Sunday, July 02, 2017

See You At Church. . . regarding the U.S. Constitution

By Douglas V. Gibbs
AuthorSpeakerInstructorRadio Host

Sunday, 10:00 AM, July 2, 2017 I will be speaking at the First Christian Church, 701 Egan, Beaumont.

Here's a taste of what I will be talking about:

Government is necessary.  Madison regarded it as self-evident “that persons and property are the two great subjects on which Governments are to act; and that the rights of persons, and the rights of property, are the objects, for the protection of which Government was instituted.”

Divine Providence was the centerpiece of the view of the founders.  Through Divine Providence, the English Colonies defeated the most powerful military force in the world, and through Divine Providence, the greatest constitution in history was written after about four months of grueling debate.  Benjamin Franklin, likely the least religious of the delegates, recognized God’s Hand in the forging of this nation, and was not afraid to voice his opinion on the matter after the first few weeks of debate during the federal convention of 1787 was yielding little by way of results.

The new nation needed solutions, and the men present were arguing over matters that would not matter if the country collapsed.  The elder statesman, Benjamin Franklin, who had been watching the tumultuous beginnings of the convention with patience, and in silence, spoke up. “Gentlemen, we are missing something.”

Franklin understood that if the convention was going to be able to move forward, the battling delegates had to discover a common bond that was both inspirational, and demanded virtuous action.  He recanted how they had been on their knees in prayer during the war against Britain.  He reminded the delegates how all odds had been against the States that had united for war in the hopes of defeating the mightiest war power on Earth.  Yet, with the Hand of Divine Providence guiding them, and protecting them, the newly formed union of States defeated the British, and now stood at the gateway of an exceptional existence.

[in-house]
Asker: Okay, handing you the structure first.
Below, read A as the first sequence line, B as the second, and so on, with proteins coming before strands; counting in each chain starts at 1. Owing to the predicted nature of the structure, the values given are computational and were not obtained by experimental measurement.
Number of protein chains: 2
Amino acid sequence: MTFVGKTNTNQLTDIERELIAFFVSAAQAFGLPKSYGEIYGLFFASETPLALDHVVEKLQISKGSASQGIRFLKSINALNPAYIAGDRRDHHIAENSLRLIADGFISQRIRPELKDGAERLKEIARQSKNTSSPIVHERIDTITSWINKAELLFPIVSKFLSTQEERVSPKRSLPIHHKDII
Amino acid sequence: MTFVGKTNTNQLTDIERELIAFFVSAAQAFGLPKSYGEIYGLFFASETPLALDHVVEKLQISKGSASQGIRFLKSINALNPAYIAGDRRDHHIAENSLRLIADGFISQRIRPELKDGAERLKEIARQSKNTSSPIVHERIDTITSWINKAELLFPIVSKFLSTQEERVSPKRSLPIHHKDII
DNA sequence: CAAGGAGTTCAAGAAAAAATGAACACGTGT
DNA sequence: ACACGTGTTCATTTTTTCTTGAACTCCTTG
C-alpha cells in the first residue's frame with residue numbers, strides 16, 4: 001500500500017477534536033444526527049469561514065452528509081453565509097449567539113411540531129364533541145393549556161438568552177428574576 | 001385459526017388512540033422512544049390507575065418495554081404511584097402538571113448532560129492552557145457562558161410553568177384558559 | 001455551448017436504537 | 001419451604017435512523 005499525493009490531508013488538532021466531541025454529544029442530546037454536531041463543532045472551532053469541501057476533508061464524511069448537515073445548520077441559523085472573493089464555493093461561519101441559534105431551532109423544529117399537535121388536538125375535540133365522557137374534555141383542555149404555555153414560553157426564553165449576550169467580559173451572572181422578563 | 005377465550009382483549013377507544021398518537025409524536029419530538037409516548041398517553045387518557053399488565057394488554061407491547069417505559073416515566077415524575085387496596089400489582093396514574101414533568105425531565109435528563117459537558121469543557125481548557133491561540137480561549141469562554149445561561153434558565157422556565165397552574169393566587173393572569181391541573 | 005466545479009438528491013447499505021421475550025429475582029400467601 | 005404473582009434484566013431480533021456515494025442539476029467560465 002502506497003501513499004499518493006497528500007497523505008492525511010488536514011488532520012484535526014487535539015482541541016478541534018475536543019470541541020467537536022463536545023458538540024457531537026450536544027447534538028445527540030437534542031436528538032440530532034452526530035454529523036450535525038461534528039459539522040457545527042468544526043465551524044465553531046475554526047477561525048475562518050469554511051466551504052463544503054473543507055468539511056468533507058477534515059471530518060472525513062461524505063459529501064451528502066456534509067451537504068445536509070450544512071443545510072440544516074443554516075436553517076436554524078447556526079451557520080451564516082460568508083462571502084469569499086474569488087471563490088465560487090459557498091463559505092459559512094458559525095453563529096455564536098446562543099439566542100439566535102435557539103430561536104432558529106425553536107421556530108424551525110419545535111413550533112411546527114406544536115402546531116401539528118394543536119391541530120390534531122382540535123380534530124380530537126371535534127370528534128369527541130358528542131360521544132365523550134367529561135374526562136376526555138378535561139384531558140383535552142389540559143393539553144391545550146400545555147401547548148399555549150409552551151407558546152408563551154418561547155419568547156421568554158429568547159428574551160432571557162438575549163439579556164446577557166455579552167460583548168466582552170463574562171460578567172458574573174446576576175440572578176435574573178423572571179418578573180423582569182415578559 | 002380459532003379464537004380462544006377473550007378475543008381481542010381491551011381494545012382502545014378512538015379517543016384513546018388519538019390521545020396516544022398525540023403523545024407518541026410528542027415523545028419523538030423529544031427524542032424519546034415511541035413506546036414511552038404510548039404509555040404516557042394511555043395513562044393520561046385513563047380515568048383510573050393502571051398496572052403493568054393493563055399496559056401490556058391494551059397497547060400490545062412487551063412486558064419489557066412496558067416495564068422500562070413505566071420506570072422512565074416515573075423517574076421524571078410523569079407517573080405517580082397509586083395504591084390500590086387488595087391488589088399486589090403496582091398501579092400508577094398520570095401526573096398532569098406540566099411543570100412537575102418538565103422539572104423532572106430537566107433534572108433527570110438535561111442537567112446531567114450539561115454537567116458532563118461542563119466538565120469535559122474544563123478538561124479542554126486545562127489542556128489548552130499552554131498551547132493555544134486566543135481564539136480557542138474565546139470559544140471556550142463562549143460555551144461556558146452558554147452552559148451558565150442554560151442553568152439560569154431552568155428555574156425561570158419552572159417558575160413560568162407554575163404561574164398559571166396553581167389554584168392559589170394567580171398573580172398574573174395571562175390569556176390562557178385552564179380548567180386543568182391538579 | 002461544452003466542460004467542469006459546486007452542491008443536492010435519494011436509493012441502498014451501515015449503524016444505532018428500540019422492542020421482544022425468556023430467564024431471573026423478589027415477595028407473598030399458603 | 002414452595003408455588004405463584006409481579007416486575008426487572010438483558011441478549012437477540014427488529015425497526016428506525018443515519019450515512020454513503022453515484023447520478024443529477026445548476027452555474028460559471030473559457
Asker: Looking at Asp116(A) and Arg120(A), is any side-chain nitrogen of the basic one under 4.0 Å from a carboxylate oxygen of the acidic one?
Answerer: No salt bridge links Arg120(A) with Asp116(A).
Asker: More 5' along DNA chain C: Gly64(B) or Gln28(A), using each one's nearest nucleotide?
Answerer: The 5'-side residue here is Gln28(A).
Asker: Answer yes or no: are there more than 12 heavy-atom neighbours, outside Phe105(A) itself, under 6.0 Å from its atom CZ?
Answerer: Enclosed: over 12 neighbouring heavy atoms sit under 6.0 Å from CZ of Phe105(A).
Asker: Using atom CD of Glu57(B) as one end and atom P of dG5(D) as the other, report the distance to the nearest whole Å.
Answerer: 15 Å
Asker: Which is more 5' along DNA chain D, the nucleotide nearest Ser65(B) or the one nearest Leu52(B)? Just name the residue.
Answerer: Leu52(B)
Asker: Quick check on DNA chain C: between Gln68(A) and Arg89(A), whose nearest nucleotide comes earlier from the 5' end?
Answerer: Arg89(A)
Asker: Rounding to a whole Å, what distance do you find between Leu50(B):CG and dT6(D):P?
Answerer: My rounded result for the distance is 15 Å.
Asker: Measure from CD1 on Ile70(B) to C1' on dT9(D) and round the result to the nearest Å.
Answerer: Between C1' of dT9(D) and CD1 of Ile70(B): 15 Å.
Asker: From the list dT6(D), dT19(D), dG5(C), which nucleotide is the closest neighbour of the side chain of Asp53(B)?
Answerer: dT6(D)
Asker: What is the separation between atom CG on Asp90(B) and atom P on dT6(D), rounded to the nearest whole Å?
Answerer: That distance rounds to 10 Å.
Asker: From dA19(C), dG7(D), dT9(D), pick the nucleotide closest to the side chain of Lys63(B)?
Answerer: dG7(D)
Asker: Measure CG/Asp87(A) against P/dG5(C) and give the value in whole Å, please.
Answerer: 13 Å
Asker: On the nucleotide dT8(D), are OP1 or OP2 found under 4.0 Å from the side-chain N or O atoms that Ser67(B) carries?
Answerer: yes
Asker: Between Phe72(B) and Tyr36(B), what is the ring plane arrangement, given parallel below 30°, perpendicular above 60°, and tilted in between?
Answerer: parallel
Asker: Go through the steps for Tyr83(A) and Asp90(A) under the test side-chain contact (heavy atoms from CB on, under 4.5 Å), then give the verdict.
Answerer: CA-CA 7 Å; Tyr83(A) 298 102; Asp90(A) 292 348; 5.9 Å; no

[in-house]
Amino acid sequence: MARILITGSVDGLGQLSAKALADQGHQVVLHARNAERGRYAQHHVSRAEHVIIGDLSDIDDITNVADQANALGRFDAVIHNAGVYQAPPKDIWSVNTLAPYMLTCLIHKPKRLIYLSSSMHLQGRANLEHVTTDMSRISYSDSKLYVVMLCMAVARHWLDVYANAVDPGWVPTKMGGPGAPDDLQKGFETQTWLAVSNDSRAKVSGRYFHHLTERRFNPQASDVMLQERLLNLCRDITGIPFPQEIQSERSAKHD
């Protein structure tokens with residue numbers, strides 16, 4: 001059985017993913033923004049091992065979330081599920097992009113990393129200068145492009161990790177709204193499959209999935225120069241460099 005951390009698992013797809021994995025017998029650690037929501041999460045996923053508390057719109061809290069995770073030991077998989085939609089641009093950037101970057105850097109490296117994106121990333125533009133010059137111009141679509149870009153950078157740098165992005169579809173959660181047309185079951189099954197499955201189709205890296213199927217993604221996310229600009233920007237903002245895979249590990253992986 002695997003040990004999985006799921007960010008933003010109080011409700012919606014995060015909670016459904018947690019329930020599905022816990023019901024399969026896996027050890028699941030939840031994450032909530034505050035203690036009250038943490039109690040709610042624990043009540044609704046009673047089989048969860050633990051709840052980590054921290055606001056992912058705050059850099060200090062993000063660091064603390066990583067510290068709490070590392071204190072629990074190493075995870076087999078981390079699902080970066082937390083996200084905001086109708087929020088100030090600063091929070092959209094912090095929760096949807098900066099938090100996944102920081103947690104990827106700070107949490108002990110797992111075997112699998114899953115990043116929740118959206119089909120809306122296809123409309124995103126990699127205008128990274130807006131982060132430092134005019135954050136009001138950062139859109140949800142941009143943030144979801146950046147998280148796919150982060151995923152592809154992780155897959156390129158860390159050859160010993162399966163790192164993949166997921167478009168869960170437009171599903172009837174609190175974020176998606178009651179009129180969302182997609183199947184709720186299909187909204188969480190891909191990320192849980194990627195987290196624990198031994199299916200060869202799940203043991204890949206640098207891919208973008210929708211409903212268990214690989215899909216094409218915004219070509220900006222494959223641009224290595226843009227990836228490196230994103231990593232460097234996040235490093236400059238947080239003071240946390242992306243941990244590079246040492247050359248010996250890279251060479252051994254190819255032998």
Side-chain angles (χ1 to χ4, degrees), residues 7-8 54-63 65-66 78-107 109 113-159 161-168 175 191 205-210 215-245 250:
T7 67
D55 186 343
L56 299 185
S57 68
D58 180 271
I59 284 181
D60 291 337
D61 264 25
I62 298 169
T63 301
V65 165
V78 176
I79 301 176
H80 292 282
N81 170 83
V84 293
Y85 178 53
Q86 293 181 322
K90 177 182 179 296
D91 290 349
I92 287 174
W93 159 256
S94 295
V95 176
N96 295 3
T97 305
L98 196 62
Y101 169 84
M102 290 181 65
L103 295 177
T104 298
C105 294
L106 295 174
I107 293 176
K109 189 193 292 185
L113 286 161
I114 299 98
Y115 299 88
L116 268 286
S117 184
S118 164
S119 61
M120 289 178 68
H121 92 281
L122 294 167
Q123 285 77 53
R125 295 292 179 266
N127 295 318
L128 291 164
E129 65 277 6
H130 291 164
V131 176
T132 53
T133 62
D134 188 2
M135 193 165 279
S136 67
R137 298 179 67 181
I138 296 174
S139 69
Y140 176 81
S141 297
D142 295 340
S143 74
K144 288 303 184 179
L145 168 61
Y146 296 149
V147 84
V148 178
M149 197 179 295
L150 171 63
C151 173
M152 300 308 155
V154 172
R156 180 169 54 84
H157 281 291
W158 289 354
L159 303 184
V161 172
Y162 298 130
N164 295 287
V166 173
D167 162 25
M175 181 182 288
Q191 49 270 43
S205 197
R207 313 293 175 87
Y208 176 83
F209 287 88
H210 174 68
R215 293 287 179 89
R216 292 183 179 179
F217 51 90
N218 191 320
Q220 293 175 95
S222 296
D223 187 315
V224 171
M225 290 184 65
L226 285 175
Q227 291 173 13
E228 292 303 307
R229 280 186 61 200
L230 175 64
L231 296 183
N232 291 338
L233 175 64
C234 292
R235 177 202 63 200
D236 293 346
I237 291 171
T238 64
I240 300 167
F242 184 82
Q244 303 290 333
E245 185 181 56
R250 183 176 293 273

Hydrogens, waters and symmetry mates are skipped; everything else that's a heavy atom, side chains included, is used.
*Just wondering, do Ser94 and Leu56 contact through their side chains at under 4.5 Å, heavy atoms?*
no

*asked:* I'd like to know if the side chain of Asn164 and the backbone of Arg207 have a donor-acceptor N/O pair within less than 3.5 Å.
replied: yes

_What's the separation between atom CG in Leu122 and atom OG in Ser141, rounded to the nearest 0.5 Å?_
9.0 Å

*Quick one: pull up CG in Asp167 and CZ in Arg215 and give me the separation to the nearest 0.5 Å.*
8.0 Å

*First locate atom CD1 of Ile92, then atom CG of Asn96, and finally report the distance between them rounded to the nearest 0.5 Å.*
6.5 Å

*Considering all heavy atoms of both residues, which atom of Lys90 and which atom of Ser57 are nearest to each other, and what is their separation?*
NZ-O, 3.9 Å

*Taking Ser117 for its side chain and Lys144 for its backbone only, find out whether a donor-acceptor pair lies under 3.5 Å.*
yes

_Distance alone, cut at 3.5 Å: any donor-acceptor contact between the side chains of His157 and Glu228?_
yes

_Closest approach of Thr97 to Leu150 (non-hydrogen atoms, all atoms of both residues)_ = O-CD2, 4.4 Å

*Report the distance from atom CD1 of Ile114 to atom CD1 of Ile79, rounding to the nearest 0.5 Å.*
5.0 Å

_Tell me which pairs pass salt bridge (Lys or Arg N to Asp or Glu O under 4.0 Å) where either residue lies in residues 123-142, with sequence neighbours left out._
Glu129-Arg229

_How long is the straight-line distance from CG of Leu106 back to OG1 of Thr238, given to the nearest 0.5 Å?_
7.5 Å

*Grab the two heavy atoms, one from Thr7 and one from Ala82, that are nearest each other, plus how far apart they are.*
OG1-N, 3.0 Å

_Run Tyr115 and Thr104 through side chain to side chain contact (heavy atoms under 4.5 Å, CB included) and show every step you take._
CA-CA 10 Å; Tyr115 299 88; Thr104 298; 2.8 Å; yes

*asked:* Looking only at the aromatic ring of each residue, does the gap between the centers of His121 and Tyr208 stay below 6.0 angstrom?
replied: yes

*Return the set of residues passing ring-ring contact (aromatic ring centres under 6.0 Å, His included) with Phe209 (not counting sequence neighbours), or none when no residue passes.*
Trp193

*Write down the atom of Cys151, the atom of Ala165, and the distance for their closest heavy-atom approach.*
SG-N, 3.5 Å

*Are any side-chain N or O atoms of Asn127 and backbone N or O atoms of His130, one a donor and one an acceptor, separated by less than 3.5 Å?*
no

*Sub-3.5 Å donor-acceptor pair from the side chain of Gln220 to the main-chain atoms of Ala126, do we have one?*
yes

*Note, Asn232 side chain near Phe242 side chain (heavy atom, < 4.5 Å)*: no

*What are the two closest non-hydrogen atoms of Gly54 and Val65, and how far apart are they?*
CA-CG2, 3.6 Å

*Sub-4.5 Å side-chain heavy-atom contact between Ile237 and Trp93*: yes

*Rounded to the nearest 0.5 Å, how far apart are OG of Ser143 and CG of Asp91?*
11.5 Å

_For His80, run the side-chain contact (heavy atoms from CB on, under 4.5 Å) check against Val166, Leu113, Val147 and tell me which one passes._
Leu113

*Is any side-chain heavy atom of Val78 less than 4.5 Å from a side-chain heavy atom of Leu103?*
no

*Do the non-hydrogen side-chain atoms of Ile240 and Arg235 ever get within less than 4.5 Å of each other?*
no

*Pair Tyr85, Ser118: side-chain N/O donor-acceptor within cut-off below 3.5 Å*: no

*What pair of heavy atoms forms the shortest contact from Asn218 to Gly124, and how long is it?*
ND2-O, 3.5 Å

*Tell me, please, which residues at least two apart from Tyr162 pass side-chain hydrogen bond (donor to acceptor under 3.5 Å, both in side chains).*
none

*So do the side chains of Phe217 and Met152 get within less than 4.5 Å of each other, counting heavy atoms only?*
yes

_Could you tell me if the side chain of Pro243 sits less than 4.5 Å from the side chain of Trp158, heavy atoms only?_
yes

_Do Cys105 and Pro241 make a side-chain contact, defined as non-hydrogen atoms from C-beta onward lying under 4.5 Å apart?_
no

Had the delegates forgotten to place the current proceedings at Independence Hall in Philadelphia in the Hands of God?

The 71-year old in round-rimmed glasses recounted all of the miracles of America, and explained to the room of delegates, whose average age (minus his) was about 27-years old, that their bickering, and disagreements, simply proved that human understanding is imperfect.  He commented on how they had studied history for examples of good and bad government, including the different forms of republics.  He discussed that with all of the laborious research they had engaged in, and looking at the current systems of government throughout Europe, that no system studied was perfectly suitable for the needs of the fledgling United States.  Even with all of that research, in the convention they could not seem to be able to find the political truth they sought.  How is it that they could not find the answer?  Could it be that something was missing?

Should they, perhaps, humbly appeal to The Creator?  Should they not consult the “Father of lights to illuminate our understandings?”

The American Revolution was a dangerous undertaking.  The founders, Franklin reminded the delegates, during the war were on their knees in daily prayer.  The prayers were heard, “for only His Favor could account for their victory.”

Franklin said that they were “consulting in peace on the means of establishing our future national felicity.  And have we now forgotten that powerful friend?  Or, do we imagine that we no longer need his assistance?”

Benjamin Franklin was not known to be a religious man.  He admitted that in his younger years he did not give much thought to the credence of the existence of God.  But, as he had grown older, his observations were telling him otherwise.  To explain this, Franklin said, “I have lived, Sir, a long time, and the longer I live, the more convincing proofs I see of this truth – that God Governs in the affairs of men. And if a sparrow cannot fall to the ground without his notice, is it probable that an empire can rise without his aid?”